One of the first residential dome structures was designed by Buckminster Fuller, an American architect who wanted a unique style of building that required limited time and materials for construction. As far as circulation of air and energy was concerned, the interiors of these semi-spherical structures proved to be the best among all other structures. Domes are devoid of any hindrance internally and allow the atmosphere to be heated and cooled in a natural way. In statistical language, domes take approximately thirty percent less energy for heating and cooling as the domes have close to thirty percent less surface area than other conventional or box shaped buildings. When additional heating is required, solar power can be used effectively by including an arc of windows.
The building materials required for constructing a geodesic dome structure are fewer compared to those required by other conventional structures. Thus it reduces costs for the builder. Unlike other structures that cover wide areas, construction of a dome consumes less time and less manpower. In addition to this, whether the domes are small or large, there is no need of additional walls and columns. Also, due to the least surface area for every unit of volume per structure, the influence of the weather conditions on the dome is negligible. Thus these buildings are light in weight, yet very strong in structure.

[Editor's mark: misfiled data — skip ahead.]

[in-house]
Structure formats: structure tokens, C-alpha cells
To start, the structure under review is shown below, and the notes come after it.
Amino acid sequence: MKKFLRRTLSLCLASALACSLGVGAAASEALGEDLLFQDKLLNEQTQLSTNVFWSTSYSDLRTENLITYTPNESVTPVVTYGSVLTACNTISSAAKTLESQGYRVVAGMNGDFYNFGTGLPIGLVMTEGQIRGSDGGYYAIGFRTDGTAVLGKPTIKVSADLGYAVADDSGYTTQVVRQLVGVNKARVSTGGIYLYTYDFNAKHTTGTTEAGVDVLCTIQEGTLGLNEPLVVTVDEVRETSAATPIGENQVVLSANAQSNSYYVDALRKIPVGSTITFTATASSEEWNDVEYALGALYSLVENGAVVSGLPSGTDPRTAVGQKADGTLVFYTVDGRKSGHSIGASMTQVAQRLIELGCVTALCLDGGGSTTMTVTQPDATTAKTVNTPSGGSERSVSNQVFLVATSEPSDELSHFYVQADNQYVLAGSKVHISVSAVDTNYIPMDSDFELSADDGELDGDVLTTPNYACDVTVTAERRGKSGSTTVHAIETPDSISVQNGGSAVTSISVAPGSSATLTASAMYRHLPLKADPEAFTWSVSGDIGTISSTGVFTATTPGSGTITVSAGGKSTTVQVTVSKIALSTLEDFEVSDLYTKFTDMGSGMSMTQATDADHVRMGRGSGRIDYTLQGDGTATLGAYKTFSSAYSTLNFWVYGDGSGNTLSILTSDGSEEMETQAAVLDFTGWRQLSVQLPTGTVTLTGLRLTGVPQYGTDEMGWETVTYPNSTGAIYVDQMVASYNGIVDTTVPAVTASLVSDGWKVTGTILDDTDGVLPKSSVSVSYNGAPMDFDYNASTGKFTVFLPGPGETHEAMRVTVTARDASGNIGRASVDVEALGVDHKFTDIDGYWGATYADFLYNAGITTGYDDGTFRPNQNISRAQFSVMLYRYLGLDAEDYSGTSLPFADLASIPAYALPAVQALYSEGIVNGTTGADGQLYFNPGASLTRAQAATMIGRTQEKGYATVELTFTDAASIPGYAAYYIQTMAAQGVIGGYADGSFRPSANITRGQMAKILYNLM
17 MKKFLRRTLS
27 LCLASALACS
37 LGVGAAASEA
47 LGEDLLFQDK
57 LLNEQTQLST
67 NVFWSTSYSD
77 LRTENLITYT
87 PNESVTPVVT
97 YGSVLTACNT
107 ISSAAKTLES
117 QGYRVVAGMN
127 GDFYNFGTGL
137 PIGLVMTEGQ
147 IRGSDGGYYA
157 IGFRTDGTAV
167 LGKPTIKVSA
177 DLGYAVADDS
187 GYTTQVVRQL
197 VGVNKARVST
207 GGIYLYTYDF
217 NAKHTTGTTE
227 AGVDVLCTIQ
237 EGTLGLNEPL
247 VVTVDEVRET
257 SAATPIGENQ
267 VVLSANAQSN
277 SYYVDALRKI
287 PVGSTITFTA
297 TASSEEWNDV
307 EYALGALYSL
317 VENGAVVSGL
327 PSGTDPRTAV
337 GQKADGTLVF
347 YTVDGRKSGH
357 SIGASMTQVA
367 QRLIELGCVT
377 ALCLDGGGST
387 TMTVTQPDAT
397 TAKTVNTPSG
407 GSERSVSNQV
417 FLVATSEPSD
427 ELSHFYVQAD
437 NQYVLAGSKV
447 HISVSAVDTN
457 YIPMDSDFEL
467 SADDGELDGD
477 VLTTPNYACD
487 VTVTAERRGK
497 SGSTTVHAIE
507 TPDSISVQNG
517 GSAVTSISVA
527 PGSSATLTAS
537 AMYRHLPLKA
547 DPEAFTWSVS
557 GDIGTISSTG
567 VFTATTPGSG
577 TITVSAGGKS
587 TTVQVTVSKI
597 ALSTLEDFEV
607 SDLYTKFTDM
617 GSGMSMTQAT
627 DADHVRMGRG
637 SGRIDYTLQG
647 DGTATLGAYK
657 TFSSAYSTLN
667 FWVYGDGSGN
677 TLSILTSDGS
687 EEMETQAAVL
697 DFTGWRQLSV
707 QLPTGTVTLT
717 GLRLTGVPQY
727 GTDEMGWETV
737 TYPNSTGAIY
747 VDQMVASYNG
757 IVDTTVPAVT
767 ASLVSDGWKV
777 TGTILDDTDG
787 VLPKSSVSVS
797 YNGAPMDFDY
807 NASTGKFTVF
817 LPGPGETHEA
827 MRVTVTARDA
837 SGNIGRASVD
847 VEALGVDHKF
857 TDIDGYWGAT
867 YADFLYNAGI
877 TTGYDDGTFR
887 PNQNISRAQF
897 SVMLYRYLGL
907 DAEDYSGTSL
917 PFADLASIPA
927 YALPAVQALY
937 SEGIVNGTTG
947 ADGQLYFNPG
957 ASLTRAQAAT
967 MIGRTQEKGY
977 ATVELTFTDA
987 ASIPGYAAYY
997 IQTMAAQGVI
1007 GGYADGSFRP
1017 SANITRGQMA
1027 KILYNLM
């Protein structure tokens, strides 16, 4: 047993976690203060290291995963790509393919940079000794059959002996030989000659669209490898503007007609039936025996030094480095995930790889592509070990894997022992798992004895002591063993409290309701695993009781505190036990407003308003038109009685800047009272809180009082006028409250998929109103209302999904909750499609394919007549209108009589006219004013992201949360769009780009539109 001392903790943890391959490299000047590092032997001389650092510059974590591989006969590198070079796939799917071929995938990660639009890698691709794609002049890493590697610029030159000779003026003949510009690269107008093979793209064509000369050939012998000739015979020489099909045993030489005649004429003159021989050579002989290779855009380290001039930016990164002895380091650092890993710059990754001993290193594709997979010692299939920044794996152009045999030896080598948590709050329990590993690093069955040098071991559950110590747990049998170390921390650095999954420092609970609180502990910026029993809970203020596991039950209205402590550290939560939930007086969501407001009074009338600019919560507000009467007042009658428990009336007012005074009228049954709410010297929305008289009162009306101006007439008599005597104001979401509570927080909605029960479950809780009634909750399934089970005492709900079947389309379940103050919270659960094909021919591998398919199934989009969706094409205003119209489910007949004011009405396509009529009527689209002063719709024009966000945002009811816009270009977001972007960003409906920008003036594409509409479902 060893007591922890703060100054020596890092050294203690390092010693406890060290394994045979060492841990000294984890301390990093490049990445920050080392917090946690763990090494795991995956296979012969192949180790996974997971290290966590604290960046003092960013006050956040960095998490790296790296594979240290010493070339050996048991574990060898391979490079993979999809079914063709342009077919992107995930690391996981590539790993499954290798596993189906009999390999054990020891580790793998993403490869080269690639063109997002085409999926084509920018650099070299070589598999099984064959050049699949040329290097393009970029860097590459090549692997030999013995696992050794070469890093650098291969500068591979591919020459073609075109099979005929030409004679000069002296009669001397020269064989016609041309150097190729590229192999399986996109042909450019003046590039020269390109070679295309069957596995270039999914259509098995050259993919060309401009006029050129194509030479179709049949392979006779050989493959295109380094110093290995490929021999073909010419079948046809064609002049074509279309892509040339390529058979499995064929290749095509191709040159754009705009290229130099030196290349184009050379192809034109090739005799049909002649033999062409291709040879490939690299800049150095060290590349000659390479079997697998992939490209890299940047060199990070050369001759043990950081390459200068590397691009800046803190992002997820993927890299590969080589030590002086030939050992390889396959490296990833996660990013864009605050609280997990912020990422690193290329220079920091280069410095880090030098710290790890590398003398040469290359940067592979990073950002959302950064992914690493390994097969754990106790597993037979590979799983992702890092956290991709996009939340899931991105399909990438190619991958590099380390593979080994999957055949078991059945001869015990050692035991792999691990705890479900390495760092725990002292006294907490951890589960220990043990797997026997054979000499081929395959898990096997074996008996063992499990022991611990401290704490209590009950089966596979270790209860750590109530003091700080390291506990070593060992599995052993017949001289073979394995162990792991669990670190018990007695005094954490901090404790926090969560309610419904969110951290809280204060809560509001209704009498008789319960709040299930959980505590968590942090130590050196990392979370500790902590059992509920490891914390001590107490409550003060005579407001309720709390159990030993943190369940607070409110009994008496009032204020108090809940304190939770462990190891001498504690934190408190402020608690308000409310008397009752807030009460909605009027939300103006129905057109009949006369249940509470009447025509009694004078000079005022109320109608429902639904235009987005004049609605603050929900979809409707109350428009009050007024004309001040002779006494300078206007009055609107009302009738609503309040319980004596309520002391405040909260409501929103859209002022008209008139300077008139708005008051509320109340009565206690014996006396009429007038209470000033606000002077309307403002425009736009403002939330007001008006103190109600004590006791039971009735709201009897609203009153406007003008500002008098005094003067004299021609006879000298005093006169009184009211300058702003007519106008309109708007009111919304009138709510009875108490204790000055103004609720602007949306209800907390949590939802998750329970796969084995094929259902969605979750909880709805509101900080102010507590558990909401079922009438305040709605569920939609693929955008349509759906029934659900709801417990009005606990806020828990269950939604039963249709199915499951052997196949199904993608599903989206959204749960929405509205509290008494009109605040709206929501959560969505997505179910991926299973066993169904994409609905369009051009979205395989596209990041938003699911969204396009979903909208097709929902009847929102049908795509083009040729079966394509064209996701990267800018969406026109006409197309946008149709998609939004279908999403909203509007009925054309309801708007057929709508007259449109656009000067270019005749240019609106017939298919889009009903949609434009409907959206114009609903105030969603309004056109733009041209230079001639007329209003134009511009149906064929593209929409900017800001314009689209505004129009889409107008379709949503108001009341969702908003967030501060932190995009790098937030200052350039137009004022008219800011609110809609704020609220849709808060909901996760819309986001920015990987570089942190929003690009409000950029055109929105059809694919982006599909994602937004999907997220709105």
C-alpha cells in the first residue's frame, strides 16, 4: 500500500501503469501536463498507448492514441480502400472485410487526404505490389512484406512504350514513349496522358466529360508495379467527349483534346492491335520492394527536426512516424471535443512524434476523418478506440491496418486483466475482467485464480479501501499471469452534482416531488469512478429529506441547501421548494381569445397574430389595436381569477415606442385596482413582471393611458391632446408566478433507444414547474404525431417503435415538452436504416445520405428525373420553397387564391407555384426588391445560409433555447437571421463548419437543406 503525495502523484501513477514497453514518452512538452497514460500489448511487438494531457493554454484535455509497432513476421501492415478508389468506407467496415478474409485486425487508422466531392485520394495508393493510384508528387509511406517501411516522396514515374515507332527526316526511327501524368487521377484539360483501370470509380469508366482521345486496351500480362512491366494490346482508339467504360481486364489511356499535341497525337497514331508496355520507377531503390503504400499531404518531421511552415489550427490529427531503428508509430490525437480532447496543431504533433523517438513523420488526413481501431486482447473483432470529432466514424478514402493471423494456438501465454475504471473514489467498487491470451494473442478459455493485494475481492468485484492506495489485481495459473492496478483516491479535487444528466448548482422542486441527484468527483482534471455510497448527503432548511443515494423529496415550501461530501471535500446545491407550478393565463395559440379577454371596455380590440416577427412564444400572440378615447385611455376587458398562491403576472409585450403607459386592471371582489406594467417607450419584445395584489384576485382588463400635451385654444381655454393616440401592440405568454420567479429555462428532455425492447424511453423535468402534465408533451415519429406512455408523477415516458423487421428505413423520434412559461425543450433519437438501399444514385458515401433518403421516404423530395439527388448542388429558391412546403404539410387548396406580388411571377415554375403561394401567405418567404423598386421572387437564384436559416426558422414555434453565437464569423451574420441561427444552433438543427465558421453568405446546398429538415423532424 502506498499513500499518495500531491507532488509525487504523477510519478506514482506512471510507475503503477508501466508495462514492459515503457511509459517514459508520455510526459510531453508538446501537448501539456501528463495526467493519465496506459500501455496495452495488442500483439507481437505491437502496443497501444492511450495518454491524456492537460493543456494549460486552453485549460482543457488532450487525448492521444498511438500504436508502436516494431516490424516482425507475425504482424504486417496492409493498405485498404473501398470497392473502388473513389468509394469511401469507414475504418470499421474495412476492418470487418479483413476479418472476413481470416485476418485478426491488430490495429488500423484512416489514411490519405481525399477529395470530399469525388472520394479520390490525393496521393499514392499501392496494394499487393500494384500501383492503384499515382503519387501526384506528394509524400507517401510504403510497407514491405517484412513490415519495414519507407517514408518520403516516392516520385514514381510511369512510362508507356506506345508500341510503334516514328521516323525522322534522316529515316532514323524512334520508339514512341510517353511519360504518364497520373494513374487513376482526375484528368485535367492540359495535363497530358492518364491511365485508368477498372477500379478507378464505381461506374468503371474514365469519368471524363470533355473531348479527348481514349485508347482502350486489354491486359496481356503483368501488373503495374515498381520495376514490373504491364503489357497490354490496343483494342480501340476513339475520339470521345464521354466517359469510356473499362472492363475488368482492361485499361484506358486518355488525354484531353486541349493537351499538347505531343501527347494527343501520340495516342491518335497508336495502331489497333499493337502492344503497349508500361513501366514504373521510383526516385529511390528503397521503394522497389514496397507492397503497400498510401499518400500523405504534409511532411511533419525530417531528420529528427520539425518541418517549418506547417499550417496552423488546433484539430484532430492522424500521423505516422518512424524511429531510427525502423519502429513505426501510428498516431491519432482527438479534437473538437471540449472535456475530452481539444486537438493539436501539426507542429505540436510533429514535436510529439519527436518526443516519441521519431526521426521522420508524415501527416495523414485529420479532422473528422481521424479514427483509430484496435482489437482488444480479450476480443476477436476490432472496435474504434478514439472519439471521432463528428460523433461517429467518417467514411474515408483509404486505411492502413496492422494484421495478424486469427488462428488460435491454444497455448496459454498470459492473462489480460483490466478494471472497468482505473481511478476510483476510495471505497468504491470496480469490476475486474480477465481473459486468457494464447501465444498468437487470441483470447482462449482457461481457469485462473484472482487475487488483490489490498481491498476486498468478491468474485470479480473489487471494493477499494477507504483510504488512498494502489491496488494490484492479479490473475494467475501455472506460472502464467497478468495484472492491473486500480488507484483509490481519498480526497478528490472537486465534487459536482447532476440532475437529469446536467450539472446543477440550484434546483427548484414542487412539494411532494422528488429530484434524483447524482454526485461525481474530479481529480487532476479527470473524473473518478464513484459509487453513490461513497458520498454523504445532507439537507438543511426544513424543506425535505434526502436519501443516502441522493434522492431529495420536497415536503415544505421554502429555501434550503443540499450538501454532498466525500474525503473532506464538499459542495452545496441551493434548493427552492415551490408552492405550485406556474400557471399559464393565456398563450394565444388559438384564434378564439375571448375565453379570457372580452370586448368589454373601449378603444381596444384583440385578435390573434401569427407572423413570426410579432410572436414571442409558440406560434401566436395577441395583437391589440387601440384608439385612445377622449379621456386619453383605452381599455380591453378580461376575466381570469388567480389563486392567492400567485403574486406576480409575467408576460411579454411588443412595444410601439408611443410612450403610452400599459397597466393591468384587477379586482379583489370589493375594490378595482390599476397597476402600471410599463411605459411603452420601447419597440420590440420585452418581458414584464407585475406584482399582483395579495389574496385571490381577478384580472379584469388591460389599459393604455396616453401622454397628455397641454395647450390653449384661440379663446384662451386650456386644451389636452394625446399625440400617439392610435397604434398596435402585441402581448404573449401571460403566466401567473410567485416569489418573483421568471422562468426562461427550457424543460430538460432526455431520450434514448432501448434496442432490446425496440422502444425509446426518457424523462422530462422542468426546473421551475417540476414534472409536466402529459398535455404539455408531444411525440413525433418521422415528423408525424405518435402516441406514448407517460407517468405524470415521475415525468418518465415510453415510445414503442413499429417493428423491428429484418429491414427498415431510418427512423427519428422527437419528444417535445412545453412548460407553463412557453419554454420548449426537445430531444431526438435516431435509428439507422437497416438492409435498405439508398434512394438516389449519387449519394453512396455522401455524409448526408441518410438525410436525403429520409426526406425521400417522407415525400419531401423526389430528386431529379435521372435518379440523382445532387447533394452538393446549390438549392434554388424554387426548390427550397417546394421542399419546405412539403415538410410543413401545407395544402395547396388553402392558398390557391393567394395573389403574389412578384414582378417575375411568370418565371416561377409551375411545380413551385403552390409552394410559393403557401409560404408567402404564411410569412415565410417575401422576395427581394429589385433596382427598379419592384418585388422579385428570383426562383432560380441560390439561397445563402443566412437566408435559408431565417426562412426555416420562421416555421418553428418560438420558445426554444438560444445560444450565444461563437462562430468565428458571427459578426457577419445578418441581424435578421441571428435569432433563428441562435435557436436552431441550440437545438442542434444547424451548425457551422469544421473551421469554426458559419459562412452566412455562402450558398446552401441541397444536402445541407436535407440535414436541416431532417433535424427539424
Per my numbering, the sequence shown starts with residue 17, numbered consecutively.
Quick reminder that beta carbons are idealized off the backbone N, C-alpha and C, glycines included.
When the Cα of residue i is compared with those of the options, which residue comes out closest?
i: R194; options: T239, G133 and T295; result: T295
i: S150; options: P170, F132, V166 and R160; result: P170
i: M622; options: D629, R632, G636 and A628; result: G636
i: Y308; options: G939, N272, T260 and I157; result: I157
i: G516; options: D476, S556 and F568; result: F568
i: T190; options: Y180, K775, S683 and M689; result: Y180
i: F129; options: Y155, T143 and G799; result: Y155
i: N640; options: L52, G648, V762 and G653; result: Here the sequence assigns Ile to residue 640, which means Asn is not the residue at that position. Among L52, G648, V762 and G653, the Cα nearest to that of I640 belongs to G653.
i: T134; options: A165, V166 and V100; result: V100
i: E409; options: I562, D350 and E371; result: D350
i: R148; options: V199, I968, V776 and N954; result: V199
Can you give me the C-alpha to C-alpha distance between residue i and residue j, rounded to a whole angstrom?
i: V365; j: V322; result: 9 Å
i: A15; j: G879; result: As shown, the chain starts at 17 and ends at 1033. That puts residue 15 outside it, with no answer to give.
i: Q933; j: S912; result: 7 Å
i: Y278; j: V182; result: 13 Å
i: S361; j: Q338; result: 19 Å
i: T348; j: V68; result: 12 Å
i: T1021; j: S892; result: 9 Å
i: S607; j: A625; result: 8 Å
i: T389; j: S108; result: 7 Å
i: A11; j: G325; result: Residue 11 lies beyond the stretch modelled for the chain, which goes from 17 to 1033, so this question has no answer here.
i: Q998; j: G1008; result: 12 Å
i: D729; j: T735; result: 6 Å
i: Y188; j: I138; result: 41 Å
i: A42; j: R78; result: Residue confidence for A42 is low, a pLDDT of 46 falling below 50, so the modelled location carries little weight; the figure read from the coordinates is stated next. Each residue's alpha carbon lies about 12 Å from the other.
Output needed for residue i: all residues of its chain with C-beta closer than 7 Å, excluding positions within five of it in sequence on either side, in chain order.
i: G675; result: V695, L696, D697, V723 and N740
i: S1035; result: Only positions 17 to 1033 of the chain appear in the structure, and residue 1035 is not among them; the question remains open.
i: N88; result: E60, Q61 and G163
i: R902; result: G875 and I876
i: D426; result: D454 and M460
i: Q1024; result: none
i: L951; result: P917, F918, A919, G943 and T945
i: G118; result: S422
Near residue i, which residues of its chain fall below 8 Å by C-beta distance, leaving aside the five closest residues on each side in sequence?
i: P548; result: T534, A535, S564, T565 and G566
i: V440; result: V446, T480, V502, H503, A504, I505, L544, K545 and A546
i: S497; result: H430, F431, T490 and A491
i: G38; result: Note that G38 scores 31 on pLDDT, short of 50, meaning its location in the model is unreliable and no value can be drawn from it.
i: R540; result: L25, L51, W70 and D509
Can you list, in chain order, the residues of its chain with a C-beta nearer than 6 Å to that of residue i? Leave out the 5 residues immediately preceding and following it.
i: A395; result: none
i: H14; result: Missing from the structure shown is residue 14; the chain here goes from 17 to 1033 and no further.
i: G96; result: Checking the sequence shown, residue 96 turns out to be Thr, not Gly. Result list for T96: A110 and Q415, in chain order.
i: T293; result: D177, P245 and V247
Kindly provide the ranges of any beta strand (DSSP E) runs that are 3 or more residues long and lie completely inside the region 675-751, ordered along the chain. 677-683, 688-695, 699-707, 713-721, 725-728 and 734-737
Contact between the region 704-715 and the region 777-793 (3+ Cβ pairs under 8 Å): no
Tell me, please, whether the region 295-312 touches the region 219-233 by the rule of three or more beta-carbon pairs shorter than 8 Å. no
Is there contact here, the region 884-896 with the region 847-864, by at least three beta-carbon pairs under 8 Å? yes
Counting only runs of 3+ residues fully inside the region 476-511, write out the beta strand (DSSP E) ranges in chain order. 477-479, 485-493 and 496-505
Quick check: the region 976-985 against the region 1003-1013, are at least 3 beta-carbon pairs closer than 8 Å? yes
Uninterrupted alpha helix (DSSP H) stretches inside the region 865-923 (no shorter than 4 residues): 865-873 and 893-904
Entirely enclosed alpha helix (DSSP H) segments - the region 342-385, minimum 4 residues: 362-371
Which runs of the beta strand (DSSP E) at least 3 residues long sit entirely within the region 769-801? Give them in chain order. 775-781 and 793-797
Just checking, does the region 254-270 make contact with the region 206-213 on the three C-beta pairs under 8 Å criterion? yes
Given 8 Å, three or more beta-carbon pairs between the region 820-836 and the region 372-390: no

Domes are user friendly buildings that ensure survivability or longevity and are also environmentally friendly. The forces of compression and tension are mitigated by the designs, making them stronger. As domes are self supporting structures, they are a viable option for making houses, museums, or playgrounds. Domes also ensure safety from fire as concrete doesn’t burn. Moreover, in domes, the walls, floors and ceilings are continuous in structure which makes them termite proof. Domes are also said to be structures that can withstand a nuclear blast or resist radiation and that have the least of maintenance costs.